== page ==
Peter Vlaming has two great passions—teaching and French.
But a Virginia school district stripped the French teacher of the ability to impart these passions in high school classrooms when it fired him for not using pronouns preferred by a transgender student.
“I explained to my principal that I couldn’t in good conscience pronounce masculine pronouns to refer to a girl,” Vlaming told The Daily Signal in an interview for this special video report. “He gave me an official written reprimand that said it was the first step in a process that would lead to my termination.”
>>> To watch the video, press the “play” icon above.
Nineteen days before Christmas 2018, the school board in West Point, Virginia, voted unanimously to fire Vlaming. Today, he awaits his day in court.
Wyatt Pedersen, at the time a student of Vlaming’s, said his reaction to his teacher’s firing was “a combination of like shock and kind of disgust.” Pedersen helped organize a student walkout in protest.
Another former student, Jessica Teagle, said she had a similar reaction.
“I was very shocked when I found out he was fired,” Teagle said. “I didn’t really know what to do.”
Paul Nichols, a friend of Vlaming’s who is superintendent of nearby Mecklenburg County Public Schools, told The Daily Signal that the teacher’s situation is a direct reflection of what is happening in society.
“Not only did he lose his job, but I think the whole thing has put other people in a position where they’re scared that they will lose their job if they don’t toe the line of current popular culture, progressive culture,” Nichols said.
Here’s what happened, as Vlaming tells it.
‘I Didn’t Want to Provoke Her’
Vlaming had taught French for seven years at West Point High School, less than three hours outside Washington, D.C., between Richmond and Norfolk, Virginia.
Near the end of the 2018 school year, one of his students, a 14-year-old girl, gave Vlaming a handwritten letter saying that she was transgender, had adopted a masculine name, and wanted to use it in French class.
The West Point School Board voted 5-0 on Dec. 6, 2018, to fire Vlaming, saying his refusal to follow orders to use male pronouns in referring to the transgender student “harassed and discriminated against the student” and meant Vlaming was “insubordinate.”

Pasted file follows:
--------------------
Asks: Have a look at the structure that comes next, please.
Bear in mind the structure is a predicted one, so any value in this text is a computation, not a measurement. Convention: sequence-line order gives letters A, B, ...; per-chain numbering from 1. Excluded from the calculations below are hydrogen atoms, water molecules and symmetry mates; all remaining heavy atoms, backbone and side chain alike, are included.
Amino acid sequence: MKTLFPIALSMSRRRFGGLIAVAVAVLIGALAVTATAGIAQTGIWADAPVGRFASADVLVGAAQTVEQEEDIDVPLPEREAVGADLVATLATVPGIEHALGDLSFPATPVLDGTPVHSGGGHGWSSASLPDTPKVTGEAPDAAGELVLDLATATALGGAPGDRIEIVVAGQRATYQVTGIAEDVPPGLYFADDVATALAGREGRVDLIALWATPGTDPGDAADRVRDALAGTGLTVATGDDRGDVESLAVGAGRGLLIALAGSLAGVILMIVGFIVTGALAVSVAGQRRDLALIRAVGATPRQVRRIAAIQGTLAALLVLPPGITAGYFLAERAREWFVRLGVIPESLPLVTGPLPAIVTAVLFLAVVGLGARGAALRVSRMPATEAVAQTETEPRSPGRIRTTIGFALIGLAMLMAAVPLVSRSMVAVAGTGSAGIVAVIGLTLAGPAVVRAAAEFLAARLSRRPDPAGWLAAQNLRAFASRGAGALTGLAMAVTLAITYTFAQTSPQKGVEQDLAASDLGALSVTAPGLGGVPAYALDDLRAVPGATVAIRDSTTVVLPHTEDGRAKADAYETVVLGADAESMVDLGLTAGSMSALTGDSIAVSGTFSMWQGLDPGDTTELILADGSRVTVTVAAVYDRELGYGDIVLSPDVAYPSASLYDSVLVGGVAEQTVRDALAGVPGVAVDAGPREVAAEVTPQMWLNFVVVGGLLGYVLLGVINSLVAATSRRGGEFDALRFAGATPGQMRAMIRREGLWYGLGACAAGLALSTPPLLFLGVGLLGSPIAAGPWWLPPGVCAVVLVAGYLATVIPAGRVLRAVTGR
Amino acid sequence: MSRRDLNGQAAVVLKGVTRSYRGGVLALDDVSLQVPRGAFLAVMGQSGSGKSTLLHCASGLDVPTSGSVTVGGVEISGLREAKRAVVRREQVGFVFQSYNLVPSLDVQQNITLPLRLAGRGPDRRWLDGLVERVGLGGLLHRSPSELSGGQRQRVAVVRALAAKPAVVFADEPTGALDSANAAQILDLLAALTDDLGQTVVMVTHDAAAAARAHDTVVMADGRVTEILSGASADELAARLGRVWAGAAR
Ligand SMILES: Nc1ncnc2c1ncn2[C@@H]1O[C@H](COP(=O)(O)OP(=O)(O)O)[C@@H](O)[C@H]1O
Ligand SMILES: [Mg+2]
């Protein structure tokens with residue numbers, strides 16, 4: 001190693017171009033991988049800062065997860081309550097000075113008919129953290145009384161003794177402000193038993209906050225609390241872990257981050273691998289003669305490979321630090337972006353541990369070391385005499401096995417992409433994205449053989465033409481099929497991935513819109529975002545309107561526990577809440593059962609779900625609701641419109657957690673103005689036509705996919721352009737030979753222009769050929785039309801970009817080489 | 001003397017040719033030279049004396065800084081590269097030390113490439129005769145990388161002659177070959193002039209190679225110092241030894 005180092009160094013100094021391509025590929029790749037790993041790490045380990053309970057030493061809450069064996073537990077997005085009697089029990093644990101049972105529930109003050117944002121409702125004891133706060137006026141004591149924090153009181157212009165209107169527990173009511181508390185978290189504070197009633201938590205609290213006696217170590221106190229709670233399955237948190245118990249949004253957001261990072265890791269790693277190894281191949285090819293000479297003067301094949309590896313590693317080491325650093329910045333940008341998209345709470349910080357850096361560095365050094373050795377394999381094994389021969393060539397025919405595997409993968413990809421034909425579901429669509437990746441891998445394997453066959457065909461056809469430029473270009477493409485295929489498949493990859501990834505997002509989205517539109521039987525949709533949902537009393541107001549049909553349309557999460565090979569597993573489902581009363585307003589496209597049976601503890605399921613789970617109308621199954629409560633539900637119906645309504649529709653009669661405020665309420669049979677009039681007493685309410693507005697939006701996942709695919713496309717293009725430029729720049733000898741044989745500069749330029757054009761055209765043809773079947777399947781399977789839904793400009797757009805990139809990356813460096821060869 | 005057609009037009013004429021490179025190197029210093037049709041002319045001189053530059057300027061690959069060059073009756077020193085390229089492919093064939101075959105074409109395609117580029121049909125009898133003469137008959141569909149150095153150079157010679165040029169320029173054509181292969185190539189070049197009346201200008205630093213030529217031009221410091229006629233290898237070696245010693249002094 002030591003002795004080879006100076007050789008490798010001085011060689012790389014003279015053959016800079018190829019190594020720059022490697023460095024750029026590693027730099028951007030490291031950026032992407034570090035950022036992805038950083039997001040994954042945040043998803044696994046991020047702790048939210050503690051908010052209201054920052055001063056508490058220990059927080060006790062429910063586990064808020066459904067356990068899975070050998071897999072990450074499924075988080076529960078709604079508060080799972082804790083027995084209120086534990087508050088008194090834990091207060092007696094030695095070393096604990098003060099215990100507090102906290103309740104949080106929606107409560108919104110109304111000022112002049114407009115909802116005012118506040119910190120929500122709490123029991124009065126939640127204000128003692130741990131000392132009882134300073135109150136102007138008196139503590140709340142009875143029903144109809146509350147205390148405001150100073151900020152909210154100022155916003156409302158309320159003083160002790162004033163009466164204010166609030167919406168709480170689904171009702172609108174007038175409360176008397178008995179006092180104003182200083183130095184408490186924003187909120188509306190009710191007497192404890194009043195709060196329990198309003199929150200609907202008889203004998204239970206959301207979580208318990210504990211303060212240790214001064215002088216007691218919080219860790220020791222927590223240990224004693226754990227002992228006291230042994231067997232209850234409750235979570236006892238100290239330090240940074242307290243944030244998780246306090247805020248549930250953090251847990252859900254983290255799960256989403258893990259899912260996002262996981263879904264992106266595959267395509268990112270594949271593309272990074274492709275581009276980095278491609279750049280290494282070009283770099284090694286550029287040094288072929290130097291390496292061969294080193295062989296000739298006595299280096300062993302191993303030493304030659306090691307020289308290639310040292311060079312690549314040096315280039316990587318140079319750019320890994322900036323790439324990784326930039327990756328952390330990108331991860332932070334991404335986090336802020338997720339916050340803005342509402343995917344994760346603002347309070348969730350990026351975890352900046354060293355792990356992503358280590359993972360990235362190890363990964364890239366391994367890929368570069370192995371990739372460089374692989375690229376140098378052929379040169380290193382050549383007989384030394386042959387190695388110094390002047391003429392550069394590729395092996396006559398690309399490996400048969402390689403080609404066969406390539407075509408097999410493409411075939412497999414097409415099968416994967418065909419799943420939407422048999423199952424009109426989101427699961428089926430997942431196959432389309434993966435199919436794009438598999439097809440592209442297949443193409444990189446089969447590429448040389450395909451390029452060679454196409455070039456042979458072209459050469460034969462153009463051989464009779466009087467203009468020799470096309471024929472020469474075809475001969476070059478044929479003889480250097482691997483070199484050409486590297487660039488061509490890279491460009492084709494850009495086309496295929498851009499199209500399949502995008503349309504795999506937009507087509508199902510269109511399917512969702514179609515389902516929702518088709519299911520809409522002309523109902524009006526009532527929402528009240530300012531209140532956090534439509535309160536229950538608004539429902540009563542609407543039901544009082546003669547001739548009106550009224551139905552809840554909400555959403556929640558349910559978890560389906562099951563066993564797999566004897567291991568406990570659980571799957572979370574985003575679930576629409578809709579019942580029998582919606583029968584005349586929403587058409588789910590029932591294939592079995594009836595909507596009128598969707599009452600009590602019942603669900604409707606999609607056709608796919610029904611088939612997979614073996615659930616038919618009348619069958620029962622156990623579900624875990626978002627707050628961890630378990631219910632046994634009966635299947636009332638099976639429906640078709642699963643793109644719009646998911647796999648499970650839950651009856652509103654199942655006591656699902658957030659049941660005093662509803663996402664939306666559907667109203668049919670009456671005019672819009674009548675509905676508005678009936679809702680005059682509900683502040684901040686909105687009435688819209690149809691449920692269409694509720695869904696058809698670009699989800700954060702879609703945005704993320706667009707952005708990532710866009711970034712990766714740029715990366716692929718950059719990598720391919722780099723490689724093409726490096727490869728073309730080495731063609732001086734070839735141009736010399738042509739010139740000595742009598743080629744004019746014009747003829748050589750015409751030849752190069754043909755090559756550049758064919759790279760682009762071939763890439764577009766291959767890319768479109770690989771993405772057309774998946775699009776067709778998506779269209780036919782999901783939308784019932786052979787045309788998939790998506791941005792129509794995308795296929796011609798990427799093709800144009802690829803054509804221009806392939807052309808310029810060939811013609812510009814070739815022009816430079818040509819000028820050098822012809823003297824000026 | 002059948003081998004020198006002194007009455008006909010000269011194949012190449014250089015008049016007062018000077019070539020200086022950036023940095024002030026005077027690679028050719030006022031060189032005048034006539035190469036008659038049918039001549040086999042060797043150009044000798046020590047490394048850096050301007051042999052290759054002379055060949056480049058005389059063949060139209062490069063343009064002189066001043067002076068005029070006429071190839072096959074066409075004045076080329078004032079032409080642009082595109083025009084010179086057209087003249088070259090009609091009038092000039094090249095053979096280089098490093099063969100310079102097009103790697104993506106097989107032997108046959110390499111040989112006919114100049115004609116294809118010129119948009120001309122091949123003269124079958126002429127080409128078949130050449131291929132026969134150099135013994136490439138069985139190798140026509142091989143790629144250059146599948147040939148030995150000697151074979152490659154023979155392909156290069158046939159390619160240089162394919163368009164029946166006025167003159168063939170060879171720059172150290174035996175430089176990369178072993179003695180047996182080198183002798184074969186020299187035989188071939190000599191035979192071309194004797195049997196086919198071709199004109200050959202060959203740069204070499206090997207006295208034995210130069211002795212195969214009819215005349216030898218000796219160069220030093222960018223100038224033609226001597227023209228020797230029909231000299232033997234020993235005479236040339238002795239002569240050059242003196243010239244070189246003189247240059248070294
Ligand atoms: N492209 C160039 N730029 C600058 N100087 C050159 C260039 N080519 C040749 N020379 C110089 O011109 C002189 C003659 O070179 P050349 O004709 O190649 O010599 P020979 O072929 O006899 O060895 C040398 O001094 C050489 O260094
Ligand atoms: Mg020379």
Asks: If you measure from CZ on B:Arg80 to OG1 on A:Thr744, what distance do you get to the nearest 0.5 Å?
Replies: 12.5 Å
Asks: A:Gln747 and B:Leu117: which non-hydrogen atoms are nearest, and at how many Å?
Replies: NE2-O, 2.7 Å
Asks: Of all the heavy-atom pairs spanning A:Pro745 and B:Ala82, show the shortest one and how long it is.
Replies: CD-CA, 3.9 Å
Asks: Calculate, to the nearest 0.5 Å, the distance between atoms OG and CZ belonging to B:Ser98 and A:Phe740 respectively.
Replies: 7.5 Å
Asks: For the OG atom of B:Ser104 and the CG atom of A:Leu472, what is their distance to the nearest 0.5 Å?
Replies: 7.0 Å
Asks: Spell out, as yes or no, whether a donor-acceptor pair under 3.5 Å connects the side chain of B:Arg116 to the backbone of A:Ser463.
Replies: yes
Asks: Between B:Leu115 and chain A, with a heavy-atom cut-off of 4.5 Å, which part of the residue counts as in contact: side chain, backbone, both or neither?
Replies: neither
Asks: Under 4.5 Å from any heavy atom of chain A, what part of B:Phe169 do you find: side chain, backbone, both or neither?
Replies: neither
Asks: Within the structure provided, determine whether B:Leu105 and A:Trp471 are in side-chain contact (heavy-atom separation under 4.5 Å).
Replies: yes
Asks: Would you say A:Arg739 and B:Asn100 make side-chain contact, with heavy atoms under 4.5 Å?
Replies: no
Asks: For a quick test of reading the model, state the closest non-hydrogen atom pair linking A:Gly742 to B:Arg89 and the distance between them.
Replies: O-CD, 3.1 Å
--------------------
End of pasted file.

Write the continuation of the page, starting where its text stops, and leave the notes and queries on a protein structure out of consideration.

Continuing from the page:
In an interview with The Daily Signal, Vlaming said he had worked to help the student while staying true to his own conscience.
“I wasn’t using feminine pronouns to refer to her because I didn’t want to provoke her,” Vlaming said, adding:
I understood her point of view and respected the fact that she could choose to think what she wants to think. And it’s not my place as a teacher to pronounce any position I might have on the subject, but I couldn’t in good conscience designate her via third person pronouns as a boy.
‘A Big Transition’
The student met with Vlaming on Oct. 22, 2018, and told him that she had heard that he referred to her as a girl outside class.
Vlaming said he told the student that he appreciated her as a student, was glad she was in French class, and, although he wasn’t supposed to disclose this, that she was one of his favorite students and he appreciated her charm and wit.
He told the student that adopting the new identity was “a big transition,” Vlaming recalled.
“So extend me a little bit of grace,” Vlaming said he told the student.
“We left that meeting and she was satisfied, and she told her mother as much; her mother confirmed that she was satisfied with our meeting,” he said in the interview with The Daily Signal.
The next day, Vlaming said, he went to speak with his assistant principal, Suzanne Aunspach, because Principal Jonathan Hochman was out of town.
He told Aunspach in detail about the conversation with the student and said he respected the student’s decision to adopt a new identity.
Vlaming said he also told the assistant principal that he respected the right of the student’s family to believe in her transition, but that he could not in good conscience refer to a girl as a boy.
“I was told that not only would I proactively use male pronouns for the student in her presence, but that I would use male pronouns to refer to her no matter who was present, even if it was just another colleague behind closed doors or in a break room,” Vlaming said.
‘Bound to Happen’
Vlaming said he met with both Aunspach and Hochman about the issue on Oct. 31, Halloween.
“I was given an official reprimand for not using the appropriate pronouns,” he recalled, “and I was told that this was the first step in a series of steps that will lead to my termination.”
Later in the day, Vlaming’s class did a Halloween activity about the catacombs of Paris when that city was ravaged by the Black Death, thought to have reached its peak mortality rate in 1349.